Brexit – Some breathing space, but four important questions remain unanswered

Following the second phase of negotiations on the withdrawal agreement in March 2018, while progress has been made in clarifying the position in some respects, (re)insurance businesses are still waiting for answers to important questions on the future relationship between the UK and the EU.

Here we look at four of those questions in light of what we know about the transition period and the impact the answers could have on businesses operating in the (re)insurance sector.

1. The transition agreement and temporary permissions

We now know that, subject to the successful completion of negotiations on the withdrawal agreement, the UK and EU have agreed in principle to a transition period (also known as an “implementation” period) from 29 March 2019 until 31 December 2020, during which time EU laws will continue to apply to the UK. Most new EU laws with an implementation date before 1 January 2021 will also need to be implemented by the UK.

The European Commission has published the draft agreement on withdrawal from the EU1showing the agreed terms and those under negotiation. Importantly, the freedom of movement for people, goods, capital, and services, including the passporting regime for (re)insurance businesses, will continue during the transition period.

EU leaders have approved guidelines2 for the next stage of Brexit negotiations on trade, security and other issues which are now underway. As yet there is no agreement in principle on the trade framework nor over Northern Ireland, judicial co-operation and data protection issues. Failure to agree these matters by October 2018 could scupper the withdrawal agreement and the transition agreement contained in it.

Although we now know the terms of the transition period, little of substance is known about what the future relationship between the UK and the EU will look like from 1 January 2021. The UK government has made it clear that the UK will leave both the single market and the customs union. There is no legal certainty, including over the transition period, until the whole of the withdrawal agreement is agreed and ratified by all of the EU member states.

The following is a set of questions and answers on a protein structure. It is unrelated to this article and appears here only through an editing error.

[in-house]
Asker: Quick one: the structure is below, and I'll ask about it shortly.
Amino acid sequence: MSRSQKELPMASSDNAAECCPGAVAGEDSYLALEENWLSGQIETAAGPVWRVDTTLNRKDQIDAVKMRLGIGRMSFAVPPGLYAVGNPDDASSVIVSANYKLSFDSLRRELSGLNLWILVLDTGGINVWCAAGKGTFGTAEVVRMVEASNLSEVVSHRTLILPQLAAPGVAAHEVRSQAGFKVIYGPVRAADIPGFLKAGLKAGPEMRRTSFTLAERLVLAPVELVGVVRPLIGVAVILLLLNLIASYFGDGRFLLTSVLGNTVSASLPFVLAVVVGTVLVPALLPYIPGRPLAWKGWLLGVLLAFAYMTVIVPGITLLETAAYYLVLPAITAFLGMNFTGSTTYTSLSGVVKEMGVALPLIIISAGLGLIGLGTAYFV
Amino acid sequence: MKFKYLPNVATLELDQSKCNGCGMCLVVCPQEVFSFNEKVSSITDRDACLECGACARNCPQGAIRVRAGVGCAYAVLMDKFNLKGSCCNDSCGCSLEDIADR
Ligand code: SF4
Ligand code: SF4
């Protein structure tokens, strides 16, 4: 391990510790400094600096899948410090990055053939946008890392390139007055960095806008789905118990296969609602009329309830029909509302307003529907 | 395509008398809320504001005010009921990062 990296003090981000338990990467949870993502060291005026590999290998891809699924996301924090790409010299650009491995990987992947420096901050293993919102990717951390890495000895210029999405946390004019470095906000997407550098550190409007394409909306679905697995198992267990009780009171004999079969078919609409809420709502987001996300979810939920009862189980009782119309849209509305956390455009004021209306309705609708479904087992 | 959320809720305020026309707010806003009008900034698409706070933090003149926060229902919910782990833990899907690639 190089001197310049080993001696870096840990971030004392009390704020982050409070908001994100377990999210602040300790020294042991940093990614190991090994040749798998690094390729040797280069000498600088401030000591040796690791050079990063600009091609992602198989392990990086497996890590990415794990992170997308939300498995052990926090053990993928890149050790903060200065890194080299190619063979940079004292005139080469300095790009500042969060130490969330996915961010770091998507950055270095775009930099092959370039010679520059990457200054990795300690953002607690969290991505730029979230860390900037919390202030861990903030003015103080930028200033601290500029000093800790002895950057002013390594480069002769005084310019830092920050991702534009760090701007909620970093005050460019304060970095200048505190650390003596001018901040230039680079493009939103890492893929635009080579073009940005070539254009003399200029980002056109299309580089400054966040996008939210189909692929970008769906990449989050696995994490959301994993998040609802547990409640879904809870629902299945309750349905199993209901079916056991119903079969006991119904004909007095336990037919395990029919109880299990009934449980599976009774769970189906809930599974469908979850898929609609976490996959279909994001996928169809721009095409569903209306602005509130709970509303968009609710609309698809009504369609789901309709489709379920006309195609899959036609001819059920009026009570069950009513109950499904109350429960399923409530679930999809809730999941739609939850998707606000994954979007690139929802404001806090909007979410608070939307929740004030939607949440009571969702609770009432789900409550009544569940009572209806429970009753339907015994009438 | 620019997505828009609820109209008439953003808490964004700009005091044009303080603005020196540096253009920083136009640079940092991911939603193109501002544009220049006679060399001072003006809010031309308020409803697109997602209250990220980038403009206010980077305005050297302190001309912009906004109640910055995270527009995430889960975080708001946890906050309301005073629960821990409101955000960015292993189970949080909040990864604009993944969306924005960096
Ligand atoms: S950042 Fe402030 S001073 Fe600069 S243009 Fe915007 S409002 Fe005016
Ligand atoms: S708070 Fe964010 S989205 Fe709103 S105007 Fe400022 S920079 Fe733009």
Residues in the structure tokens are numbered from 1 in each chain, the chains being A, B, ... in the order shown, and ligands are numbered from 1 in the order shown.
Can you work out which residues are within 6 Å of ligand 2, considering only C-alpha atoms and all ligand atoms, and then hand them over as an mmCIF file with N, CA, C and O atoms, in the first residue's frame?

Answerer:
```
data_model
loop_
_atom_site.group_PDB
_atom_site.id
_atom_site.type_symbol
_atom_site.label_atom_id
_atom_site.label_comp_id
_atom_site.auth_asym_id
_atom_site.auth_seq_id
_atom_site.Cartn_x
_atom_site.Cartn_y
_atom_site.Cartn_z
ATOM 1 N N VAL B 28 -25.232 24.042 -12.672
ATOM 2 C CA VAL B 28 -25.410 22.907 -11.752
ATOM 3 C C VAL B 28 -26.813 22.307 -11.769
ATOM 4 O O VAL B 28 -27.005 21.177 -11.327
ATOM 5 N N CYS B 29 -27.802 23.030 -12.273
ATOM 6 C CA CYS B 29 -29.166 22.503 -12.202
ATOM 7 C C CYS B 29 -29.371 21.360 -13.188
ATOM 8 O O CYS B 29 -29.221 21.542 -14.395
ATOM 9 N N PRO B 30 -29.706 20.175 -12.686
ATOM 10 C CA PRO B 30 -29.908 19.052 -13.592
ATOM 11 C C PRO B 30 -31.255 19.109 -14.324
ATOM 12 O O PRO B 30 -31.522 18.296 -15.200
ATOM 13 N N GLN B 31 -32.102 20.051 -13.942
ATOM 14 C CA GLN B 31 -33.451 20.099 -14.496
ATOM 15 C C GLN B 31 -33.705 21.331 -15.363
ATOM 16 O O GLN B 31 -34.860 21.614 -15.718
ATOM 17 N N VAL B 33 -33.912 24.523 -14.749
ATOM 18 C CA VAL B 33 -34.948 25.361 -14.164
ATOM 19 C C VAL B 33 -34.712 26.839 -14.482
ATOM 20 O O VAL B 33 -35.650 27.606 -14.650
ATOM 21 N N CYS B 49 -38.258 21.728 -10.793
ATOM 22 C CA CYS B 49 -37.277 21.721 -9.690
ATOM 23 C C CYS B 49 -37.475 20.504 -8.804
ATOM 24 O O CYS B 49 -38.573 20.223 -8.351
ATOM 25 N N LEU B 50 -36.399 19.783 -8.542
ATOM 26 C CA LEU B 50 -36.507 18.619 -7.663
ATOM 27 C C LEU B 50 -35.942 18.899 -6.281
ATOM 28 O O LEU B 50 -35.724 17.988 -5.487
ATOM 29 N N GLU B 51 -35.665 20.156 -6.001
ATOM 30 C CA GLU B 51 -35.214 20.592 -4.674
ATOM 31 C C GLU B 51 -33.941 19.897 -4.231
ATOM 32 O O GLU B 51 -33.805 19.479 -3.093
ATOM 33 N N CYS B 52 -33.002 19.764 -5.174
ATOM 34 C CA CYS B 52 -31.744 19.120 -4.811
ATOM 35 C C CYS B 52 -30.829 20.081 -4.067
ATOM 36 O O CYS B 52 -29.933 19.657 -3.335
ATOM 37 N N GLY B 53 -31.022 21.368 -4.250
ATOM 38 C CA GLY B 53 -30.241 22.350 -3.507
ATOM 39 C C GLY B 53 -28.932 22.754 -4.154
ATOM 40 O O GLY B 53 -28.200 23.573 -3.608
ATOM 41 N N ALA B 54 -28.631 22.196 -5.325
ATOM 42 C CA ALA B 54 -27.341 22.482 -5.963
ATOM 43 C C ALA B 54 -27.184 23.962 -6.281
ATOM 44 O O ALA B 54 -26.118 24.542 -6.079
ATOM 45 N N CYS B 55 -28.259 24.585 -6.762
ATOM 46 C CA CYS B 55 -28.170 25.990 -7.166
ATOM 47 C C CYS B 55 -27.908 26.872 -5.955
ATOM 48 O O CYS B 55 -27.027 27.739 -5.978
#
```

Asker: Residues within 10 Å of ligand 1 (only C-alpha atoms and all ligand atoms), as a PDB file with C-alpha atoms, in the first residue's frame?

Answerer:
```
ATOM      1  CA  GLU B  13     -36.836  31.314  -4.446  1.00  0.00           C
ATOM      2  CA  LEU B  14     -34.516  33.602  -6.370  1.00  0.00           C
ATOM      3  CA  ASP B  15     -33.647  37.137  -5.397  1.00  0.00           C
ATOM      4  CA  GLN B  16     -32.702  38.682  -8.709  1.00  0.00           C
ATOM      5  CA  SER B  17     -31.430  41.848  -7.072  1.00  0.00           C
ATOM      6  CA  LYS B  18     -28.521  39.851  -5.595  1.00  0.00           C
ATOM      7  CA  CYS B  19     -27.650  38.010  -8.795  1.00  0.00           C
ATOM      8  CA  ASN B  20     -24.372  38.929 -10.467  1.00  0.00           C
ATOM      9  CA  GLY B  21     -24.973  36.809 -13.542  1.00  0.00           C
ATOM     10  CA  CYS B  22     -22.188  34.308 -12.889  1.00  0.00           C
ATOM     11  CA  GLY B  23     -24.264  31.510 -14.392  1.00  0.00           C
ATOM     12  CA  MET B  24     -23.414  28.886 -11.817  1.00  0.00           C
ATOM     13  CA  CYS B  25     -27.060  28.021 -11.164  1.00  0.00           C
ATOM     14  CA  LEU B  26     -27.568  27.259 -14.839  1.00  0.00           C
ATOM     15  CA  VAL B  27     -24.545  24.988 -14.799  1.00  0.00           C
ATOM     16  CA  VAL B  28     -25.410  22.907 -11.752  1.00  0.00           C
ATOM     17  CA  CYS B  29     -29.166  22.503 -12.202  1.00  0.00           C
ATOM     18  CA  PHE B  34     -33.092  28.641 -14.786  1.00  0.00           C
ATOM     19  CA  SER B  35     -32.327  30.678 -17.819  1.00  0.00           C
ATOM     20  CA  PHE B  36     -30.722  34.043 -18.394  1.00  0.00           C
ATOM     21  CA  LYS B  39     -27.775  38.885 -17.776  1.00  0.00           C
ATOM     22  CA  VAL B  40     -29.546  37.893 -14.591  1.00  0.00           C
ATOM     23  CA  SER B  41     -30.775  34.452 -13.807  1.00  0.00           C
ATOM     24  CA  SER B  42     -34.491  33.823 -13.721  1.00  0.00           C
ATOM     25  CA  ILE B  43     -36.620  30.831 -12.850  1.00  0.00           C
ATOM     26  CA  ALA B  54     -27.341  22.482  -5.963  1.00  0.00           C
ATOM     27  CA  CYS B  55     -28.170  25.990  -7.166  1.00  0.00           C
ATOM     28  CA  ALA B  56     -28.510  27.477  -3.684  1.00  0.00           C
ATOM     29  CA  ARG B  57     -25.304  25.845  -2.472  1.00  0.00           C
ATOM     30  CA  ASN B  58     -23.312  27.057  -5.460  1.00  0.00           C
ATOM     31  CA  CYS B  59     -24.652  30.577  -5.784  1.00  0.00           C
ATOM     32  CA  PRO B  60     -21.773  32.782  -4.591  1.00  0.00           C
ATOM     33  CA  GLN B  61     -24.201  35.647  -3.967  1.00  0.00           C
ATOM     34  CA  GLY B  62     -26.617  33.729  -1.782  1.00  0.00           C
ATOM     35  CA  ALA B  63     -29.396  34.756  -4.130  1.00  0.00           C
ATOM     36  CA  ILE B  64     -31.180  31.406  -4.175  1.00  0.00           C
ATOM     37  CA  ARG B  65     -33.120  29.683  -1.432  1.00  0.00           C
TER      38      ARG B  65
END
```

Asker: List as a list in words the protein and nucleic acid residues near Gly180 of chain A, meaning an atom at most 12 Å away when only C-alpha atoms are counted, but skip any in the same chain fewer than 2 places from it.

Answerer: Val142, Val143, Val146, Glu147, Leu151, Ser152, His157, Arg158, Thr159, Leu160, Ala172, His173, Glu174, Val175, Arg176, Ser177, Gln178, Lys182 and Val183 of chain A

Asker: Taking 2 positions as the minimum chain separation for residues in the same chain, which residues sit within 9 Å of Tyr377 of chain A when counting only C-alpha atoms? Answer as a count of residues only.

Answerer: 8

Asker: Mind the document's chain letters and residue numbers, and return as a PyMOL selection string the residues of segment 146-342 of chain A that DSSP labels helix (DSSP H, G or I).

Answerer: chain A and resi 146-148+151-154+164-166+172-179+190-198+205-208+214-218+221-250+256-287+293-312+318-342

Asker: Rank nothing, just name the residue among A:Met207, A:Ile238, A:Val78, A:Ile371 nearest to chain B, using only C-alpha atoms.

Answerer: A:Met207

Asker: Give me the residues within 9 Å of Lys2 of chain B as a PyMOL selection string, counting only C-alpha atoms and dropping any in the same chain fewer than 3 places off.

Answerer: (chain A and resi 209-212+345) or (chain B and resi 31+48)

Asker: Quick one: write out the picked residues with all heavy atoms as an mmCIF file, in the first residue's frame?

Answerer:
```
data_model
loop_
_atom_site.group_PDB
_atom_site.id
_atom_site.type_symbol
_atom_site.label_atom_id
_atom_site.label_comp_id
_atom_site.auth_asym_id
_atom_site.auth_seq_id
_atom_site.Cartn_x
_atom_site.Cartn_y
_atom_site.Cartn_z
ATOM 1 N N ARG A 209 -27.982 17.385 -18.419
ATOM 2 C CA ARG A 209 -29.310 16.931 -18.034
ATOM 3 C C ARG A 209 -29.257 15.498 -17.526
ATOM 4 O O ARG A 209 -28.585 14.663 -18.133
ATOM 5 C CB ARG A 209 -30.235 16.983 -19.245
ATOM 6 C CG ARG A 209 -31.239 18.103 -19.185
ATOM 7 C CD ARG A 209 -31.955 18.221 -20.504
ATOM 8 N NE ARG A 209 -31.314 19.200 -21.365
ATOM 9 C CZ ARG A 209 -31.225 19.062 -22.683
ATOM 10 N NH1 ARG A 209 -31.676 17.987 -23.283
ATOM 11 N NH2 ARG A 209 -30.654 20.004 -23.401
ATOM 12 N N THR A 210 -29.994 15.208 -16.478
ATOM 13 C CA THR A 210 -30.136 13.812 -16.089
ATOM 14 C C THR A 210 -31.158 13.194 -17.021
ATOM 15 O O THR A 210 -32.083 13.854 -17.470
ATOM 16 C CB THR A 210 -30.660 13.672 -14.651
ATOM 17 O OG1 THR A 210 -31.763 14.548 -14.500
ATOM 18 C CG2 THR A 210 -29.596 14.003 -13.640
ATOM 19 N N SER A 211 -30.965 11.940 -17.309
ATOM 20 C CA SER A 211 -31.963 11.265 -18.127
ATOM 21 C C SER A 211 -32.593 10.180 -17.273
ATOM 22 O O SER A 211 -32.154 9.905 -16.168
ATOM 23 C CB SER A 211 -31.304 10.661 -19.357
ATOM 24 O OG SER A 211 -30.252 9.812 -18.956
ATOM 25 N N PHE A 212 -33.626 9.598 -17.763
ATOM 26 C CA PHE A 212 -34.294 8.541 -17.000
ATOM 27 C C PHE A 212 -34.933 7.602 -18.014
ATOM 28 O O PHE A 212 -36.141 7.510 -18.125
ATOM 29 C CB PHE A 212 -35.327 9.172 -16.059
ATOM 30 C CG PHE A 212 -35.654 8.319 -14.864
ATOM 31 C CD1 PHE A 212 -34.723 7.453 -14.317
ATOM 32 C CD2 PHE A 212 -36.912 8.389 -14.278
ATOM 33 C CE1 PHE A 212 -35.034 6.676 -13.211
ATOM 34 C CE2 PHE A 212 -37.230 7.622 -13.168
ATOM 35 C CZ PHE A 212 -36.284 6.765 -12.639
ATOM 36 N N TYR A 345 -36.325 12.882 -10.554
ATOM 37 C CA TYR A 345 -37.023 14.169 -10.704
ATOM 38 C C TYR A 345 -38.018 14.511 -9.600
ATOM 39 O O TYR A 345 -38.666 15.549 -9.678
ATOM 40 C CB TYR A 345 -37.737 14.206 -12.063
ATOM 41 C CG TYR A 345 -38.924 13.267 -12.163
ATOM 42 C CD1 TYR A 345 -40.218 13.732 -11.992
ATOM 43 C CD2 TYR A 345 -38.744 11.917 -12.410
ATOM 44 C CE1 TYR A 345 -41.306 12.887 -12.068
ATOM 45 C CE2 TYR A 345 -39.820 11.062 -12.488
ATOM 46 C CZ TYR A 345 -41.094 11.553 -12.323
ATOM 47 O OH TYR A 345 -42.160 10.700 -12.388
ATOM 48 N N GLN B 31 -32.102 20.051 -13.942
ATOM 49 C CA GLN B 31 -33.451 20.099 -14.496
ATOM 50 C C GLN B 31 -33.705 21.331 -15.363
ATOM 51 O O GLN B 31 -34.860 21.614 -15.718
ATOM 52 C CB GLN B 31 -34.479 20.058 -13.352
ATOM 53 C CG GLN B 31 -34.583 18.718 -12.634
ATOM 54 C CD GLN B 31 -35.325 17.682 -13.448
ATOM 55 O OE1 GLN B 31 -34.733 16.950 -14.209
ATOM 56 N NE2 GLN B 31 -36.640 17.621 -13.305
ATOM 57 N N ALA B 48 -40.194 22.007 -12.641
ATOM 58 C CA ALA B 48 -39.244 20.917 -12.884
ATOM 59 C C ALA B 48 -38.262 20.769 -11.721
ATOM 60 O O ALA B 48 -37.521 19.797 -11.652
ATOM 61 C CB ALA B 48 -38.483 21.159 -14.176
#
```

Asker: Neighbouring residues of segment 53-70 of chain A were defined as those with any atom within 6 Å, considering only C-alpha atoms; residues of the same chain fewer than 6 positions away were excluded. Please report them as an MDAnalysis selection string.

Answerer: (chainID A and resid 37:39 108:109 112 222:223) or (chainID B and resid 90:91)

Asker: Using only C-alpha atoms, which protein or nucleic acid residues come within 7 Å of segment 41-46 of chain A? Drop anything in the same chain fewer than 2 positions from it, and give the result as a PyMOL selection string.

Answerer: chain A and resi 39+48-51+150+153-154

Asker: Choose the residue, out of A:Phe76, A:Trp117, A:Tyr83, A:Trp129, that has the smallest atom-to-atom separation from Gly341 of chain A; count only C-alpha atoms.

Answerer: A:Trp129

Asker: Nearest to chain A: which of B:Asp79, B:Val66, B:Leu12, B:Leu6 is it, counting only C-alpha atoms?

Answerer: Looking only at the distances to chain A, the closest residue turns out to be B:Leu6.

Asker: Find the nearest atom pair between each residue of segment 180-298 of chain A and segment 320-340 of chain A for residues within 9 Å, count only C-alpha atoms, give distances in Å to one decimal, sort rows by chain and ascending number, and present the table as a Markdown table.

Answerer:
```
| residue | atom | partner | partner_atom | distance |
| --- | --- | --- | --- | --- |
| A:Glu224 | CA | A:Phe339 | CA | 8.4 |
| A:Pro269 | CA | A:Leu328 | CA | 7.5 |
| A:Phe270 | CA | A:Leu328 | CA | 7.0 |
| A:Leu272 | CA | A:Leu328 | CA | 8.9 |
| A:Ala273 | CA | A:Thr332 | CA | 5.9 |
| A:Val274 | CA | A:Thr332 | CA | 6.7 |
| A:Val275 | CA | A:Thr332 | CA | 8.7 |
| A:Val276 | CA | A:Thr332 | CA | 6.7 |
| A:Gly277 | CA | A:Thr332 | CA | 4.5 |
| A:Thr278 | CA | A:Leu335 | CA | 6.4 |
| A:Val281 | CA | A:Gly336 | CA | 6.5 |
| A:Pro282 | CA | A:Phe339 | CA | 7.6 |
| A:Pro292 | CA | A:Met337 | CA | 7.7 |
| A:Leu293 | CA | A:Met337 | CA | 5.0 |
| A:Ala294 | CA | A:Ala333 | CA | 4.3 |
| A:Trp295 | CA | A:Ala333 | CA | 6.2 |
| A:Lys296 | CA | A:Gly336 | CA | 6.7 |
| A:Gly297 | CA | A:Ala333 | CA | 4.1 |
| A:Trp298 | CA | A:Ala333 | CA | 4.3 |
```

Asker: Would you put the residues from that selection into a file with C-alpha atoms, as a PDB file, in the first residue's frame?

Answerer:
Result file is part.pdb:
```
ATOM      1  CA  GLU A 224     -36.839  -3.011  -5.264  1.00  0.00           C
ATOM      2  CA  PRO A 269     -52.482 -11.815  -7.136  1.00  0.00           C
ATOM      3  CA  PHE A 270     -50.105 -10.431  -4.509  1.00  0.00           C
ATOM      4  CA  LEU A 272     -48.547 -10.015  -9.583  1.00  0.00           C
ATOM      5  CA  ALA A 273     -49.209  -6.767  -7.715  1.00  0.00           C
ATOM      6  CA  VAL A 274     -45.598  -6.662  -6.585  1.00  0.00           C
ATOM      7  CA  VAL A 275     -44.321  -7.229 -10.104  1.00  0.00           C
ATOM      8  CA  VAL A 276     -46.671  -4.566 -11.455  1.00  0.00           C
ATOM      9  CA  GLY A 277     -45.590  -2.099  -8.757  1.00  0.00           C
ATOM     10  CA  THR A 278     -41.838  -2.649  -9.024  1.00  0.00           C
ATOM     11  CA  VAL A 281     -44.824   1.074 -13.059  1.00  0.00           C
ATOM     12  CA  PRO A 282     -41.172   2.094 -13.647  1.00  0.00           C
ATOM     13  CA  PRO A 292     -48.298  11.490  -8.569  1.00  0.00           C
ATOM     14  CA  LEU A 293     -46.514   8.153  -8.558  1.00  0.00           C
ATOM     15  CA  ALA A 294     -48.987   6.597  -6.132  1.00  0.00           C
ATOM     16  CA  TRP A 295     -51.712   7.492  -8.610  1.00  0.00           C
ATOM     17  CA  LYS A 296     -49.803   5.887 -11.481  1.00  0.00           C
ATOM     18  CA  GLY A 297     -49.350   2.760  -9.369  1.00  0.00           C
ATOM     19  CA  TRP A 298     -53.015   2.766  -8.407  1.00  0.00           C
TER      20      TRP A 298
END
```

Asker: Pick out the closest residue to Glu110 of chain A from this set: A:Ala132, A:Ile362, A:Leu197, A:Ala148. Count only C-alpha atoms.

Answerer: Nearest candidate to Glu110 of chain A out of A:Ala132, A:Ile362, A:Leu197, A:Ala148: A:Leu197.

On 20 December 2017, HM Treasury stated3 that the UK government will if necessary pass legislation to allow EEA firms to obtain temporary permissions to continue their activities in the UK for a limited period after the date of Brexit. However, the length of the temporary permissions period is not known. In a letter of 28 March 2018 to EEA firms with UK branches4, the CEO of the Prudential Regulatory Authority (PRA), Sam Woods, welcomed this announcement and stated “that in the unlikely event the withdrawal agreement is not ratified, this provides confidence that a back-stop will be available”. He goes on to state that “firms may plan on the assumption that PRA authorisation will only be needed by the end of the implementation (transition) period.”

On 9 March 2018, the FCA launched a survey5 to collect information from EEA firms and funds who would like to obtain temporary permissions. The FCA encourages firms to take part in the survey, which closes on 29 June 2018. On 28 March 2018, the FCA stated that, subject to the UK government’s legislation setting up the temporary permissions regime, it expects that firms and funds which are solo regulated by the FCA would need to notify the FCA of their desire to benefit from the regime prior to the date of Brexit. Notification will not require submission of an application for authorisation. Further details of the FCA’s proposals on temporary permissions are expected later this year.

The temporary permissions regime was proposed as an alternative to the continuation of passporting into the UK should there be no transition period. Presumably the government could legislate for a temporary permissions regime to commence following the end of the transition period if the EU and the UK are unable to reach agreement on the cross-border authorisation of firms. We await clarification from the UK government and the regulators in this regard.